“…the Republican Party is now faced with the conundrum of managing a situation which is to all intents and purposes impossible. There may already be whispers in the arras that he could be forcibly removed. In the light of his apparent insistence that Sarah Palin should play a prominent role in world affairs few rational people living or dead would be all that opposed to a good old-fashioned off-stage poisoning or stabbing. Or possibly an air crash? I sincerely hope that 1) there are still some Republican leaders out there who still have some measure of faith in the values they profess and the integrity to implement them and 2) that they have left no options off the table.

As I say, although I think it’s essential to avoid bloodshed as far as humanly possible, it will be very difficult for Republicans leaders to manoeuvre Trump off the stage. The fact that it may be dangerous for them doesn’t bother me unduly at this stage. In my darker moments I marvel at lack of the lack of suicides of leading conservative political figures in relation to Trump’s ascension. These are people who claim to love their country and cherish their democracy. Look at what they’ve done to it.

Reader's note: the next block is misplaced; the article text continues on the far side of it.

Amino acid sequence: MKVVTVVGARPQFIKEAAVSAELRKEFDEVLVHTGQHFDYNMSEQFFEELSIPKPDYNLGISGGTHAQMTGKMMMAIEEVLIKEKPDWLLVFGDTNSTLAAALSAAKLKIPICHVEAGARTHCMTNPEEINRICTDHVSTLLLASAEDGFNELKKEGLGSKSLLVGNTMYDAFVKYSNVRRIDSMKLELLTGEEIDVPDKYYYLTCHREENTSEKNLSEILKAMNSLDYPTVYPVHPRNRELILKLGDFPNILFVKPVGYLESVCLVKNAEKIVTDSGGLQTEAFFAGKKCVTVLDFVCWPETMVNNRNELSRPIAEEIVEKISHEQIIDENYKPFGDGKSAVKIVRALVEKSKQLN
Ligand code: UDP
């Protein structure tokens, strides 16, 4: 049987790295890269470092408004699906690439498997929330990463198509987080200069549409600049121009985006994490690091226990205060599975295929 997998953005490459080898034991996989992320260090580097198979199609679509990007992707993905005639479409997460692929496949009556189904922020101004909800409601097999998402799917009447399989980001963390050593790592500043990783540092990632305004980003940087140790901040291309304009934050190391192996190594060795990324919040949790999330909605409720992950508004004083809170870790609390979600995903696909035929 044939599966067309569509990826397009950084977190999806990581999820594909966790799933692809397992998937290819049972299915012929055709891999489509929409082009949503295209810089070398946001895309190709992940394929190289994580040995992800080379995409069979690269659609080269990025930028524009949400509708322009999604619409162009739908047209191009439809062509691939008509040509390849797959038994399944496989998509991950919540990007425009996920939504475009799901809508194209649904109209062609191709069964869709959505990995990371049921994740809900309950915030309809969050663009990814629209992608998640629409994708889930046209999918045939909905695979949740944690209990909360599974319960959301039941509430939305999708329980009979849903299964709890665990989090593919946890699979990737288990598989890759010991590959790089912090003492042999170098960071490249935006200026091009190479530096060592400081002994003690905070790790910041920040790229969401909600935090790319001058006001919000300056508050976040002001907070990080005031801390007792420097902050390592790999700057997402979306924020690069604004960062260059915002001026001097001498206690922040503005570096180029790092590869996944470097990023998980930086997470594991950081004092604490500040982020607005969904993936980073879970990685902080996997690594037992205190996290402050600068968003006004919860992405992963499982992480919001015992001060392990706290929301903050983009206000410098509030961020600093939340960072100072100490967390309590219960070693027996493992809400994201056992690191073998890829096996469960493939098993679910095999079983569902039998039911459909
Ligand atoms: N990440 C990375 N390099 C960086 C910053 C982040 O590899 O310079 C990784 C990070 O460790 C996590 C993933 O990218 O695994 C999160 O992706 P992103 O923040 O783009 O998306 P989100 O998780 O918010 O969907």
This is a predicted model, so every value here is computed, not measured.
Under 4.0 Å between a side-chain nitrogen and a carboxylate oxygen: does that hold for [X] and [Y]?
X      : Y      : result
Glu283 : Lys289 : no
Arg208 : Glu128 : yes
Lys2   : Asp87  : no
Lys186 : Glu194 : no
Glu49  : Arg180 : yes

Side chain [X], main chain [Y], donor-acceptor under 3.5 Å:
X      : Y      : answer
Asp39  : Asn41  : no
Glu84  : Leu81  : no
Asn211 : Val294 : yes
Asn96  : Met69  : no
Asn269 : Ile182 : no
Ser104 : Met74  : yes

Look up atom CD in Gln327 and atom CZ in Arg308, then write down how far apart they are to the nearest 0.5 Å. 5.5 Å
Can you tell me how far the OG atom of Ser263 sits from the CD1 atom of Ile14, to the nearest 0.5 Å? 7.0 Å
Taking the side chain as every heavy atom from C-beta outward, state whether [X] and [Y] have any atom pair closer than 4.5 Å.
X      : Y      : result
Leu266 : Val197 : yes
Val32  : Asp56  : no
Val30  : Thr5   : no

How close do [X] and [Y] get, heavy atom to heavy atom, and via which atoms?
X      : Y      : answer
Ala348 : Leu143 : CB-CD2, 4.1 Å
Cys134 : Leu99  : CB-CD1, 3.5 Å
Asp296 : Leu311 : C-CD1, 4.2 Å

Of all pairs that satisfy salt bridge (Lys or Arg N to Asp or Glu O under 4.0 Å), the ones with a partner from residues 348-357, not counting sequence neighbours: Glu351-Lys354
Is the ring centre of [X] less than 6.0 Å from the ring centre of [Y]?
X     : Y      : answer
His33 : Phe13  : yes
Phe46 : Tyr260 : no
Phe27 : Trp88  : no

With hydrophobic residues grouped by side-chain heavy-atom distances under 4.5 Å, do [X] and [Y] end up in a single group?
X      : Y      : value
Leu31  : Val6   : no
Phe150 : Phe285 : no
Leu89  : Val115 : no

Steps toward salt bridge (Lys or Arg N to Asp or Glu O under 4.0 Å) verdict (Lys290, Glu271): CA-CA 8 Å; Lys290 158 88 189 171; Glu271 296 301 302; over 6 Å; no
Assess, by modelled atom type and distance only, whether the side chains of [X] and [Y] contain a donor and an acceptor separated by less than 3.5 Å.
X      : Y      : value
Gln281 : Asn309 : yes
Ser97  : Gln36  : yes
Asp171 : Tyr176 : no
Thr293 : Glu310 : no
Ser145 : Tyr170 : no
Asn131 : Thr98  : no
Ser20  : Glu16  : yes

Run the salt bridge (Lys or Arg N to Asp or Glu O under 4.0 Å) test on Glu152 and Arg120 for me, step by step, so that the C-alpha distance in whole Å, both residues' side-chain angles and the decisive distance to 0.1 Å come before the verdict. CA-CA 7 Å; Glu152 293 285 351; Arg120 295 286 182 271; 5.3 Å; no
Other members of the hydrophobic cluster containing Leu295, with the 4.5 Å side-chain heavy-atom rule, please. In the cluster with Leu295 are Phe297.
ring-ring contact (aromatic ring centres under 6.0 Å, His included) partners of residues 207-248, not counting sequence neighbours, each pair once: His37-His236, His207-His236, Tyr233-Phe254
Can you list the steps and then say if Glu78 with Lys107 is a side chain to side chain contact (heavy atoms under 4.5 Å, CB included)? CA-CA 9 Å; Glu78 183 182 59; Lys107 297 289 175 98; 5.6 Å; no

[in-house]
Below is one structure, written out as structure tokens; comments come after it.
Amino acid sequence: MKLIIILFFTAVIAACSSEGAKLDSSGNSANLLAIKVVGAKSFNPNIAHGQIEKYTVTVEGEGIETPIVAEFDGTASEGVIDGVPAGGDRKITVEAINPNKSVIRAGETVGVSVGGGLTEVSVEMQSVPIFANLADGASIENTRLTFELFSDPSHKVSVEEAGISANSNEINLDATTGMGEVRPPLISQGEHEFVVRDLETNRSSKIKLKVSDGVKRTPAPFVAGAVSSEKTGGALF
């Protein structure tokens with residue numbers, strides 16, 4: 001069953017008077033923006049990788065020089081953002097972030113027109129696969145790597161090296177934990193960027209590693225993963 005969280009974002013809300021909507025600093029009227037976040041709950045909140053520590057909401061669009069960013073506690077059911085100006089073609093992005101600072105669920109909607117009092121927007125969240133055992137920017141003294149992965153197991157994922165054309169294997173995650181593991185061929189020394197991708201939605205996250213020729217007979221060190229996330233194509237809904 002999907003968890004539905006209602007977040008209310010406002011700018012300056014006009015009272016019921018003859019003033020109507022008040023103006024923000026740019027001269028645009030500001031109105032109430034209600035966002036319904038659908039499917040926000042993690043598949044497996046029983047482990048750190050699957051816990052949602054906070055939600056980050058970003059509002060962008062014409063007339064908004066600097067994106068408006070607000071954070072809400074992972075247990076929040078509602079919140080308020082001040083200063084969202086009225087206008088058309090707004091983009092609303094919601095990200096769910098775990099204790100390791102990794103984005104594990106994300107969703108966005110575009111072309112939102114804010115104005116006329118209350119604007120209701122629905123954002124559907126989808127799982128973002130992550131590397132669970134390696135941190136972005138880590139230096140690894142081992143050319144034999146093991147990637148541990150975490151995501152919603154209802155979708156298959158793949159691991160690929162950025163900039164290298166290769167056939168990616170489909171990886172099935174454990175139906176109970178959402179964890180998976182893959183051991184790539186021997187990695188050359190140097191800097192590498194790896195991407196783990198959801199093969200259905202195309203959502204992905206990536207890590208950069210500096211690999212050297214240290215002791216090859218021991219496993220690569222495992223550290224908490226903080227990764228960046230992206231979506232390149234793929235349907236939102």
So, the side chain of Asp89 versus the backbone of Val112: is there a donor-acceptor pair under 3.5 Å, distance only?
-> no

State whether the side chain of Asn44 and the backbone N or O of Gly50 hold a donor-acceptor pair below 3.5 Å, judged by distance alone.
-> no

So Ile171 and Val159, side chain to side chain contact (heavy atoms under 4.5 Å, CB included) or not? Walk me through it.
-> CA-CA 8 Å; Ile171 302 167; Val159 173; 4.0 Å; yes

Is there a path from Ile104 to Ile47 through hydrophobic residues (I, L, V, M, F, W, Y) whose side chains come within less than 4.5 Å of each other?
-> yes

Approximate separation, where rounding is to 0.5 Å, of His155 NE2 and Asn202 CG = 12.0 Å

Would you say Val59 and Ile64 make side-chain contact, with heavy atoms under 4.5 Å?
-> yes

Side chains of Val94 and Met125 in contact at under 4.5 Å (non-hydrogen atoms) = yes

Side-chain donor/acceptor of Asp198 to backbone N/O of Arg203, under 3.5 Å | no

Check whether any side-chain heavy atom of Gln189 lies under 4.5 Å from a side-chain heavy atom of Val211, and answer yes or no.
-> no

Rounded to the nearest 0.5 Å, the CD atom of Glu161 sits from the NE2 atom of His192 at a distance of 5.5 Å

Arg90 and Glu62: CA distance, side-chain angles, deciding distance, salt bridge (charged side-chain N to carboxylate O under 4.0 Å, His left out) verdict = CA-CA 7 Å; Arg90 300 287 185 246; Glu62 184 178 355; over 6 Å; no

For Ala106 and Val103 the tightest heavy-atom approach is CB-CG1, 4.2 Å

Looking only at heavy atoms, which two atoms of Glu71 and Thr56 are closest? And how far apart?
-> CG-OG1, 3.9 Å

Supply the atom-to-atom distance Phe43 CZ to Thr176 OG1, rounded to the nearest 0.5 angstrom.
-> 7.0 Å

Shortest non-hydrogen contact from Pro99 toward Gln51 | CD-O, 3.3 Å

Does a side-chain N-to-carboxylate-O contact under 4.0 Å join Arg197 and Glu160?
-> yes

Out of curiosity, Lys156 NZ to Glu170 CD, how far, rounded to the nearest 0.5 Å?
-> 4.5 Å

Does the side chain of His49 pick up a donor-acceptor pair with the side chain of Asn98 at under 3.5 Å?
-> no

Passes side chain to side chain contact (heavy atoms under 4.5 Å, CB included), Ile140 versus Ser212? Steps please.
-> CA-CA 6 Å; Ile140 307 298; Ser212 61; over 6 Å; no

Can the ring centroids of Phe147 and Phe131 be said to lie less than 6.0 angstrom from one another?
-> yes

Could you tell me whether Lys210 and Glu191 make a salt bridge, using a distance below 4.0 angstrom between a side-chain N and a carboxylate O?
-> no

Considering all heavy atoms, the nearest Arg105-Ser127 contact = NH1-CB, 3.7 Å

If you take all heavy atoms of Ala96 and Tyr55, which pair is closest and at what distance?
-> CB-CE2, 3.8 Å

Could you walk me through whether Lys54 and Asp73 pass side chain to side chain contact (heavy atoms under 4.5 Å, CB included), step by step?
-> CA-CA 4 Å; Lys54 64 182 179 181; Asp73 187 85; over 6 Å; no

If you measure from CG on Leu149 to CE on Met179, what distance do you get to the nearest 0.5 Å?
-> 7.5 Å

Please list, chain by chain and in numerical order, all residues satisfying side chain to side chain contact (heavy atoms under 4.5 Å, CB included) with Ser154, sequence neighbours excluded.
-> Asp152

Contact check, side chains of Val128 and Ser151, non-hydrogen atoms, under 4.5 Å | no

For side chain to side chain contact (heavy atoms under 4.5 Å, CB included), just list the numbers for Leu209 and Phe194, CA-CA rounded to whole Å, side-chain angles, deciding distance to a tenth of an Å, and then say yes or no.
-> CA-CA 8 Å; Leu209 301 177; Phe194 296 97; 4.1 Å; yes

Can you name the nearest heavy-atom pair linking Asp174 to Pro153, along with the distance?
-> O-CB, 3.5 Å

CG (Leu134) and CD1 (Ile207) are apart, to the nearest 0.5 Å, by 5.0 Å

One commenter on this site described Trump’s present position as ‘thriving’. The situation of many of his first victims could fairly be characterised as ‘sitting at a foreign airport wondering how the hell to get back home to their families’. (Ironically, Trump himself is keen to spend as little time with his family as possible.) I think what we’ve seen in his first week in the White House is not an energetic burst of activity but a manic acting out of a mental disorder (whichever it may be) under the guidance of the nazi activist Steve Bannon, a proud wife-beater and probable alcoholic who will do whatever he can to destroy democracy and unleash chaos. Bannon resembles the trickster psychologists in the last few J.G. Ballard novels in that he seems to have learned to manipulate Trump’s psychopathology to the point where the ‘President’ trusts him and probably thinks he is his ‘friend’.

One comment I particularly valued among the hundreds of extremely wise remarks and reflections left in response to my first piece was the following, from someone called nychermes: